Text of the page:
When it comes to maintaining a clean and safe pool, the level of chlorine is one of the first and most important factors to consider. If used too often, it can cause problems for some people. Not often enough, and you probably won’t want to swim in it.
You should add chlorine to a pool as often as needed to maintain free chlorine levels of 2-4 PPM alongside pH levels of 7.2-7.8. This can be measured using test kits as needed. Ultimately, the amount of free chlorine in the pool ultimately determines if more chlorine is needed.
In this article, I’ll cover the common factors that cause more chlorine to be added and explain how chlorine breaks down in your pool. I’ll dive into the specifics about this so that you can best decide exactly what your pool needs.
Factors Increasing the Need for Chlorine in Your Pool
Maintaining a safe swimming environment may seem like a complicated task, but it’s really a matter of keeping track of the chlorine and pH levels.
You can keep track of those levels with a test kit. However, there are some factors leading to lower free chlorine levels that may increase the need for chlorine to be added to your pool.
Start of Swim Season
Depending on where you live, you may not use your pool year-round. If this is the case, you’ll want to make sure you clean it thoroughly before the year’s first use.
It’s also important to shock your pool at this time. This requires treating your pool with an initial high dose of chlorine to bring the levels up.
This is necessary because your pool will be at or near zero chlorination after taking the season off.
Ultraviolet radiation is one of the many factors affecting the chlorine levels in your pool water.
As water is heated, bacteria thrive, forcing free chlorine to go to work. It also evaporates and releases chlorine into the air.
For outdoor pools – particularly those that spend a lot of time uncovered during the day – sunlight will make your free chlorine levels drop faster and require more chlorine treatment.
Frequency of Use
Some pools are used multiple times every day. Others get neglected and host swimmers no more than once or twice a week, even in peak season.
As the number of people – or animals – dropping off sweat and skin cells at your little oasis increases, so too will the amount of chlorine you need to add.
Keep this in mind, especially if you like to host the odd pool party.
Understanding Chlorine Levels in Your Pool
The term chlorine is a little misleading by itself, and testing for overall chlorine levels isn’t all that helpful either.
When first introducing the chemical to a body of water, it interacts with other ingredients and bacteria and begins to change.
As it works to kill bacteria, it becomes less effective, separating into free chlorine and combined chlorine:
- Combined Chlorine: This is what chlorine becomes after being used up in killing bacteria. Once the chlorine has reached this stage, it’s essentially useless as far as keeping your pool clean is concerned. Due to this, it shouldn’t be included in the chlorine count.
- Free Chlorine: Free chlorine is the term for any useful chlorine still available to kill bacteria. It’s what you want in your pool to fight things like E.coli, hepatitis, and other bacteria. When free chlorine interacts with bacteria, sweat, certain chemicals, or even sunlight, it gradually becomes combined chlorine, making the water less safe.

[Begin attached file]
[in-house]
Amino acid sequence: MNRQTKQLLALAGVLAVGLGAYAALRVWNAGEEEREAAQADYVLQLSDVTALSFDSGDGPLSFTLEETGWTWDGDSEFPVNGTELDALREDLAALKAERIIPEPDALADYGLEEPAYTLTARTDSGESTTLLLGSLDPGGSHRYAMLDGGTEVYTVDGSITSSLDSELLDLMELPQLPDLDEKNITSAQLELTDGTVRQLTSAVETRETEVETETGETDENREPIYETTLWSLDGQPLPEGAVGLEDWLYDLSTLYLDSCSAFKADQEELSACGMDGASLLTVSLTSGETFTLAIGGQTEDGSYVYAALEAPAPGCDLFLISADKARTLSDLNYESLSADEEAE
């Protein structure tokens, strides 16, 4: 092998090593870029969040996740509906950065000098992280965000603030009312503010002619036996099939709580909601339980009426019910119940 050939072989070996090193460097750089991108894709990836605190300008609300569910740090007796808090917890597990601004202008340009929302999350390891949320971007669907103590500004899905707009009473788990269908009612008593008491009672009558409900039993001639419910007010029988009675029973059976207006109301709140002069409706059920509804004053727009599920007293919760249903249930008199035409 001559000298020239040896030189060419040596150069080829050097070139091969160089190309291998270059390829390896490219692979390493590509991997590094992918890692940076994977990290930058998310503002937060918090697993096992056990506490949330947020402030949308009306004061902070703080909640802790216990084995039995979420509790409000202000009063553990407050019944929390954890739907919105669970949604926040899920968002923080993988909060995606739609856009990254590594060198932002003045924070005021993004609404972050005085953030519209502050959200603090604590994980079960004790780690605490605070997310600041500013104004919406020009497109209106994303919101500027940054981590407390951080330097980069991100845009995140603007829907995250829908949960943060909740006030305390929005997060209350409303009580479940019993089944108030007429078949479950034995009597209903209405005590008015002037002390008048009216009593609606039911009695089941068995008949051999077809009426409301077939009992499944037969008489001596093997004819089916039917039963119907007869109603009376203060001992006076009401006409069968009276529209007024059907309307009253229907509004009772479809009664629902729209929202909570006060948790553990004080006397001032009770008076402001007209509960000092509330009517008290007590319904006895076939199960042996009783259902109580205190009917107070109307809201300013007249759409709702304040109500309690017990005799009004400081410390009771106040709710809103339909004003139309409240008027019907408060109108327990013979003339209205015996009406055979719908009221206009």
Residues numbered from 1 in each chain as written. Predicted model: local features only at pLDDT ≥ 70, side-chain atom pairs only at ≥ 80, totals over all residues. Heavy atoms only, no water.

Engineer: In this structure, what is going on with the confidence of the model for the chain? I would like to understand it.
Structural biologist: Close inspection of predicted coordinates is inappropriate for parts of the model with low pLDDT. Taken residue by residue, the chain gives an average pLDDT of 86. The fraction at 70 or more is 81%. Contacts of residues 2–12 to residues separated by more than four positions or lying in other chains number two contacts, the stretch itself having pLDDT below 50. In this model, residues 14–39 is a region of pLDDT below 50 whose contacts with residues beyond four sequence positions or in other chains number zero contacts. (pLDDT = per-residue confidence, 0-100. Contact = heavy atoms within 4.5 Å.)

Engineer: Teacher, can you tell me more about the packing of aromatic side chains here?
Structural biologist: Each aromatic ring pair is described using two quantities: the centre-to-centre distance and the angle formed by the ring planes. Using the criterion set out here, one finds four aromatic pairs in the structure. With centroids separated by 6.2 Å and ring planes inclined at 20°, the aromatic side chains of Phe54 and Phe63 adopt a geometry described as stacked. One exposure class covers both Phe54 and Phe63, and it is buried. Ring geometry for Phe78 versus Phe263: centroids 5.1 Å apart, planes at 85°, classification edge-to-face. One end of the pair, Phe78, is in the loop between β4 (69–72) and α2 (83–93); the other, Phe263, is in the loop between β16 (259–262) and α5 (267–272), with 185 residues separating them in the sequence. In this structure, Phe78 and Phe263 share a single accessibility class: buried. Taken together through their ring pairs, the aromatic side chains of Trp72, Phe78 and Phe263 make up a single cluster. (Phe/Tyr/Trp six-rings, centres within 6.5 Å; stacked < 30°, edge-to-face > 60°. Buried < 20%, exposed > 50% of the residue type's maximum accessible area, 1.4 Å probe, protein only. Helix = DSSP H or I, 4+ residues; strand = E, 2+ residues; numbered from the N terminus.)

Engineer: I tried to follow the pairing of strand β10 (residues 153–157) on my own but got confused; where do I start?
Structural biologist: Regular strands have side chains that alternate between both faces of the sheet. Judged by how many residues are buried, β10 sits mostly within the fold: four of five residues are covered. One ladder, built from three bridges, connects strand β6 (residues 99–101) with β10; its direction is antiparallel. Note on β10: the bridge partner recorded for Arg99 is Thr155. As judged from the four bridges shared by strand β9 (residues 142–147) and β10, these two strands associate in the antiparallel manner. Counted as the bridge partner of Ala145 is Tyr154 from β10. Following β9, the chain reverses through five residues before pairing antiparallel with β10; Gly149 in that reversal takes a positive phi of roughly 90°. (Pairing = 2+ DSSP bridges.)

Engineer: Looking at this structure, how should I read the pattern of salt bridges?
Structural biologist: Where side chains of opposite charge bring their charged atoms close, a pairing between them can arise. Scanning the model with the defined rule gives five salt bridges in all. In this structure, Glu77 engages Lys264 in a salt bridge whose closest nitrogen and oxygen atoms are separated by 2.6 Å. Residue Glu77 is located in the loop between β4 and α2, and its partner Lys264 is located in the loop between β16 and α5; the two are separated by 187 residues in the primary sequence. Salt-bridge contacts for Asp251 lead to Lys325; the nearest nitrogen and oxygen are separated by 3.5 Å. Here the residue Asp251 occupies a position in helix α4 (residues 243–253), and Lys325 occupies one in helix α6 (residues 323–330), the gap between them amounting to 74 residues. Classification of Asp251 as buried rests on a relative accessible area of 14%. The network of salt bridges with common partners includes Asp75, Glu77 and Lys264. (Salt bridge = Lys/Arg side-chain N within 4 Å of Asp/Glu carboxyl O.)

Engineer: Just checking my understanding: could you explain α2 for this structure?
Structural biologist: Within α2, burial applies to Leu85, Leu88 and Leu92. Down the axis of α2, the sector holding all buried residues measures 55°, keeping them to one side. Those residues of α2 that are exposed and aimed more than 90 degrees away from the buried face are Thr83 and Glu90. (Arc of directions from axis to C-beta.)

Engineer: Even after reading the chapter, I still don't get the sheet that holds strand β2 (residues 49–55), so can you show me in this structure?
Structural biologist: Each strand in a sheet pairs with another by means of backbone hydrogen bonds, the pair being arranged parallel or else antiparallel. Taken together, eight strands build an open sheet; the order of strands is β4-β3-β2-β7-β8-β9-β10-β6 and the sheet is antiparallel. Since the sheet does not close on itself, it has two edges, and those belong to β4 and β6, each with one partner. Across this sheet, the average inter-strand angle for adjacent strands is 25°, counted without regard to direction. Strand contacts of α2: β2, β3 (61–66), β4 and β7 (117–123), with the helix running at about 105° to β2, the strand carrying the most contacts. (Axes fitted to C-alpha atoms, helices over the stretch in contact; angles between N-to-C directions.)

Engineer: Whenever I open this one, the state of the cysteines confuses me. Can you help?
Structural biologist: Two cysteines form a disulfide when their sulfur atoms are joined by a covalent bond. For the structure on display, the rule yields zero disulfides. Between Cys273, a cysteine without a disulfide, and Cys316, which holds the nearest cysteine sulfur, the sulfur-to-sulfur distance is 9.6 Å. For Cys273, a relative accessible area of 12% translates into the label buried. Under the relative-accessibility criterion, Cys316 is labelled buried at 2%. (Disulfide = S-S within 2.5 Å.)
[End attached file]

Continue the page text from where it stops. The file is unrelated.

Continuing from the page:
Chlorine’s Relationship With pH
If all you had to worry about was keeping enough free chlorine in your pool, you might be able to stop reading here, but unfortunately, pH also has to be taken into account.
This is because the effectiveness of free chlorine changes depending on how acidic or basic the water is. As a general rule of thumb, you want the pH to be somewhere from 7.2 – 7.8.
If your pool’s levels are above 7.8, free chlorine will start to become less effective. If it’s below 7.2, the free chlorine will do its job better, but you may end up with other problems like corroded pipes.
You shouldn’t ignore the impacts on the people going for a swim either. The information in the chart below is from the CDC.
|Below 7.2||Eye Irritation Skin irritation pour disinfection|
|7.2 – 7.8||Most ideal for eye comfort and killing germs|
|Above 7.8||Eye IrritationSkin irrigation pipe corrosion|
Applying This to Your Pool
Test kits are available to measure free chlorine as well as pH.
To carry out these tests, you’ll need to add a solution or powder to a tube of sample water from your pool. You then follow the instructions on the test kit and compare the results to a chart to measure your pool’s chlorine.
The CDC considers a free chlorine count of 2-4 ppm safe for swimmers.
For residential pool owners, I recommend the Taylor K2005 Test Kit (available on Amazon). Not only does this test kit measure free chlorine and pH, but it also contains solutions that track things like calcium hardness and cyanuric acid. It comes with everything you need in a convenient carrying box with the instructions printed inside.
The chlorine level in your pool will depend on many factors, but in general, free chlorine should be kept between 2 and 4 ppm and pH between 7.2 and 7.8.
Regular testing is best to ensure this, but at least weigh the factors leading to lower free chlorine levels and adjust accordingly as needed.
For those with high-traffic, high sunlight pools, you’ll likely want to add to the chlorine twice a week. For those with fewer chlorine-reducing factors, once per week should suffice.
Figure out a schedule that works based on your pool’s needs, and enjoy splashing around!
- CDC: Water Treatment and Testing
- Pool Calculator: The Relationship Between Pool Chlorine and pH
- H2ouse: How to Raise Free Chlorine in Pool? – Some Helpful Suggestions
- Taylor Technologies: FAS-DPD Testing For Accurate Free & Combined Chlorine Values
- wikiHow: How to Chlorinate a Pool
- Zwembad.be: How often does the swimming pool need chlorine?